HP Kills Off Tablet & Smartphone Products, Looking to Sell its PC Division

Palo Alto, CA-

In an abrupt and drastic shift, Hewlett-Packard, one of the world's largest manufacturers of IT products, has decided to sell or spin off its PC business--the largest in the world--as well as its tablet and smartphone divisions.

HP CEO Leo Apotheker admitted that HP's recently-released tablet, the TouchPad, "has not been gaining enough traction in the marketplace," and neither have their smartphones. So HP has decided to do away with their mobile industry business, which is built around their proprietary webOS. WebOS, which HP acquired in its $1.2 billion buyout of Palm, has consistently had good reviews from critics overall, but has suffered the same fate as their mobile products. HP was late to the mobile game to begin with, suffering several delays in the development of their TouchPad. The rise of Apple's iPad tablet, which by far dominates the tablet PC market, along with the unending proliferation of Google's ubiquitous Android OS effectively shut HP out of the mobile industry altogether, before they even got a chance to get started.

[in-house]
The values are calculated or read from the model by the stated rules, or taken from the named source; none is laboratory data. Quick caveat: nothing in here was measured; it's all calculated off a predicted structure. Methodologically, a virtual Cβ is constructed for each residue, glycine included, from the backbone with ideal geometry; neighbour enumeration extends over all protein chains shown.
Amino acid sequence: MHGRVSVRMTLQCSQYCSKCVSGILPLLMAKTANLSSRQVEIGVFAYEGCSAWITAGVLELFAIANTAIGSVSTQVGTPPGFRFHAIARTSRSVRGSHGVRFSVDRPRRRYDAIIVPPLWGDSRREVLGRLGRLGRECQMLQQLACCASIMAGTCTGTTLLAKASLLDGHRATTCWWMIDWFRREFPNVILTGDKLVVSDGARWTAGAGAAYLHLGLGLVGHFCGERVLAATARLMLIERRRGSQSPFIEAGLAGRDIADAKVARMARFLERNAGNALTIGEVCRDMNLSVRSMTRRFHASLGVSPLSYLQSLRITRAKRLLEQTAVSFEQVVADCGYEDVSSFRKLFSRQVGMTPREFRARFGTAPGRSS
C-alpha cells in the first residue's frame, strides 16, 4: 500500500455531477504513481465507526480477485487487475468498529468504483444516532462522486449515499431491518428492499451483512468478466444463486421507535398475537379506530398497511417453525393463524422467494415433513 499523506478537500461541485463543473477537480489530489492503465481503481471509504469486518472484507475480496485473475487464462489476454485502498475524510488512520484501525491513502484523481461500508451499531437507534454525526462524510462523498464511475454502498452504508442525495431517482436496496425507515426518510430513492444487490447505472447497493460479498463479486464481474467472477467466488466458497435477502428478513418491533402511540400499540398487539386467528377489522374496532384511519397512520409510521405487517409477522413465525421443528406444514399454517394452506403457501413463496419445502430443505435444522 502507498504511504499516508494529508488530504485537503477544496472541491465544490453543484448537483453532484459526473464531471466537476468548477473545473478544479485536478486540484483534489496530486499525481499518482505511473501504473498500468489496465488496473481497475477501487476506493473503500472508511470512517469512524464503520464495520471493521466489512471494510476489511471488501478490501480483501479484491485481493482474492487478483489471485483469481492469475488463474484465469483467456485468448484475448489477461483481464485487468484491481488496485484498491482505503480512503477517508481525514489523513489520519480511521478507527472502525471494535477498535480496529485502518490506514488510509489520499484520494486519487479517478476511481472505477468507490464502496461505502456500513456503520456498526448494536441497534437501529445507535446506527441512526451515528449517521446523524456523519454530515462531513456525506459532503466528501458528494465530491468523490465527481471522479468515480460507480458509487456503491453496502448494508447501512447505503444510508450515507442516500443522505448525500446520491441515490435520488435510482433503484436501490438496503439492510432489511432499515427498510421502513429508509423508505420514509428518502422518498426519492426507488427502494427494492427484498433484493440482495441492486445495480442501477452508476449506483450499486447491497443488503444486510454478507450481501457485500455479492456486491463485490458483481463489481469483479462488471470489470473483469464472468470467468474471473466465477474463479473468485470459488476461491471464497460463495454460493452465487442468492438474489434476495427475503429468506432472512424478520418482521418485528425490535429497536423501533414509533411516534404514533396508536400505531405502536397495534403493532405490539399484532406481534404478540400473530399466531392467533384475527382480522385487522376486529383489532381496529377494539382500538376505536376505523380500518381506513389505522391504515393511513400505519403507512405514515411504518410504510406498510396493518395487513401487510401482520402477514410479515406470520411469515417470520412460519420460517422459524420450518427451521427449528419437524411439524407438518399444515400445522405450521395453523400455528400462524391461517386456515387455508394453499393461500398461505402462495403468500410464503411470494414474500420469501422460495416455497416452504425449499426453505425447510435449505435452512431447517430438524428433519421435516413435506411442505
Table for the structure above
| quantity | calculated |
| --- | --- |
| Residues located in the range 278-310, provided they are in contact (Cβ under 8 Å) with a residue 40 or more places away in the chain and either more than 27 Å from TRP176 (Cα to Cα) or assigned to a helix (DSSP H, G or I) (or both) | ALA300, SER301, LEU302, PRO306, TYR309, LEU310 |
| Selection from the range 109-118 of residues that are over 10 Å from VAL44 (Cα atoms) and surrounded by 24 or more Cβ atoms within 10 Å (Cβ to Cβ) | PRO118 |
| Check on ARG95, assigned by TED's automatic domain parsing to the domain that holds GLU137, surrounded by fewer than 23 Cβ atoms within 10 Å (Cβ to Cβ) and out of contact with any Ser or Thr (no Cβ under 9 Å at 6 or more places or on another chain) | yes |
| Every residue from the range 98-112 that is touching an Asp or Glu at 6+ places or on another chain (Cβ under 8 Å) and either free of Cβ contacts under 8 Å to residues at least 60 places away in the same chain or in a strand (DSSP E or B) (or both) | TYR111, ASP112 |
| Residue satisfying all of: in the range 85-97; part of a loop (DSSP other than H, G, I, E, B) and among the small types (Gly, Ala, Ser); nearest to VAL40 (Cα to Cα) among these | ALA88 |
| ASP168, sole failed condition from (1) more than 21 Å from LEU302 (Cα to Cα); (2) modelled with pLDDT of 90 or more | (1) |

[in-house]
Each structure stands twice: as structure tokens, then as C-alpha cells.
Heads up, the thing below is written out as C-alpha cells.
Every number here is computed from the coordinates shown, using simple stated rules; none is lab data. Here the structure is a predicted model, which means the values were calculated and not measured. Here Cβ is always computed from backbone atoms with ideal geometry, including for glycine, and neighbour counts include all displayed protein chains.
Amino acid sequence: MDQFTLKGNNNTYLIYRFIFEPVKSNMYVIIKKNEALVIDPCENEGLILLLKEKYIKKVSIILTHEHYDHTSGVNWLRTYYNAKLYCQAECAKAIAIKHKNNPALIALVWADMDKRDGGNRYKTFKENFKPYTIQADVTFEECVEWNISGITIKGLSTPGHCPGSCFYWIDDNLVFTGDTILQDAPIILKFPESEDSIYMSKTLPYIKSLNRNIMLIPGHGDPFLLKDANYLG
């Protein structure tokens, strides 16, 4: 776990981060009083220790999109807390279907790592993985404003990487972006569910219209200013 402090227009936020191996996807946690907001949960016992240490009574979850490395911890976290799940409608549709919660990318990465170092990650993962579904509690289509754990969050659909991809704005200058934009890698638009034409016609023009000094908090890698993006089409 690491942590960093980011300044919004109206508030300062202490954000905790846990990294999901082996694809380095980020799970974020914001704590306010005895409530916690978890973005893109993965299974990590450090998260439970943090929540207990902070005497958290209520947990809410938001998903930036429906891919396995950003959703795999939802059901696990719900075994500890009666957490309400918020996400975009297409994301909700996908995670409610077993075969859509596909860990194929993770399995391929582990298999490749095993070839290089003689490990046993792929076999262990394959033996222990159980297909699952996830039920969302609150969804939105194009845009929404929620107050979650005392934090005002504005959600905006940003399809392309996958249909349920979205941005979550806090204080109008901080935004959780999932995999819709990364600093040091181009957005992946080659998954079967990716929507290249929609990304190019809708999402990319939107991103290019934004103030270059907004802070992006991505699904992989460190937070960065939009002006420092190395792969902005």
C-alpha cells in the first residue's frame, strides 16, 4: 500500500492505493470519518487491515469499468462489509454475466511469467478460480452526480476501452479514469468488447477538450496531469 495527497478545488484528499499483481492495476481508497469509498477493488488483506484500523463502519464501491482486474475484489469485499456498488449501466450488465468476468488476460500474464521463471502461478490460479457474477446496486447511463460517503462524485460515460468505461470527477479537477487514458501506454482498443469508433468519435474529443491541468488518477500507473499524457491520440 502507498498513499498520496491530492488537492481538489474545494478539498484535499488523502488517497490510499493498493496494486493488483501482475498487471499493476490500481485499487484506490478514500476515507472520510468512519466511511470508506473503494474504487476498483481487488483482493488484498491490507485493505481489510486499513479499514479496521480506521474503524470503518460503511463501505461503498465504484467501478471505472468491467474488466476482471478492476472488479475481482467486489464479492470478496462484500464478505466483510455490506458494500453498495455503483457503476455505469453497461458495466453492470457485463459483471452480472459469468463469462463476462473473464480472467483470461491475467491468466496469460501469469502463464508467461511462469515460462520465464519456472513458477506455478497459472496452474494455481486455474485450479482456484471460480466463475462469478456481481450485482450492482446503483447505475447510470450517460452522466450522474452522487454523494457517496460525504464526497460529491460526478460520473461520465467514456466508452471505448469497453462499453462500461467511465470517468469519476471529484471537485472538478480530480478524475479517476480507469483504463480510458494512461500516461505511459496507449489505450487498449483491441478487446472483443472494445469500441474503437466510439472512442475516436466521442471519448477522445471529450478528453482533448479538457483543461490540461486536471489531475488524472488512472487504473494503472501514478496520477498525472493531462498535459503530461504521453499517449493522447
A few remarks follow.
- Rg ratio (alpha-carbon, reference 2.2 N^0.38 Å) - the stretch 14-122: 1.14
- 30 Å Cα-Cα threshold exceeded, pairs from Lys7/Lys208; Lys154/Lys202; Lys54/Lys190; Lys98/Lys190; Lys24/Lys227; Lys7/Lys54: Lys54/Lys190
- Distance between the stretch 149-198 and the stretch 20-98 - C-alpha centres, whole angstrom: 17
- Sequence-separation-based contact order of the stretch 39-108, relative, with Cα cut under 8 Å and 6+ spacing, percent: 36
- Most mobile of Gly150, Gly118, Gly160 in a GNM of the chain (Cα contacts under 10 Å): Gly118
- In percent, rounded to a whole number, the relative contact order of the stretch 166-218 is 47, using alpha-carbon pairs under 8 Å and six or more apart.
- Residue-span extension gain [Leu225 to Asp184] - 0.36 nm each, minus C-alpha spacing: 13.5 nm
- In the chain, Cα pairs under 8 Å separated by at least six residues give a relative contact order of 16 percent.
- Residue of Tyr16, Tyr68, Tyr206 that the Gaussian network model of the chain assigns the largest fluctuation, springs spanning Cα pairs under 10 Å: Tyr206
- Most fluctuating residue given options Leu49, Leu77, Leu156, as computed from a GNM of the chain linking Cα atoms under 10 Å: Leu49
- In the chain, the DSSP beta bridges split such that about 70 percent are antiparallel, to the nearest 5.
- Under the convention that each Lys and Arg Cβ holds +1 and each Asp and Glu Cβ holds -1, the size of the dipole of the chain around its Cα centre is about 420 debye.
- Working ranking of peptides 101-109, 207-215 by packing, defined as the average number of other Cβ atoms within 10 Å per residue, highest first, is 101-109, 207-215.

Their PC business is the largest one out there, with more than 17% market share, and also brings in the largest portion of their revenue, which totaled $126.3 billion in 2010; however, their PC business is also the company's least profitable branch. And it's been on the decline as well. Apotheker stated, "the tablet effect is real... Consumers are changing how they use PCs." That's not conjecture: HP's consumer PC sales plummeted 17% between May and July. Some of that was due to the Japan earthquake, but overall PC demand was down 23% in the first quarter of this year, according to CNNMoney.

HP has also confirmed that it will buy British software company Autonomy for about $10 billion in cash--one of its largest acquisitions to date. Autonomy makes enterprise software for companies with large networks and a lot of unstructured data such as emails, phone calls, and other data which isn't stored in an easily accessible, structured database.

As a result of the dramatic turnaround and refocusing, HP has dropped its revenue forecast by 9% and profit forecast by 16%. HP has already laid off tens of thousands of workers; no word yet on how this move will affect their remaining employees.

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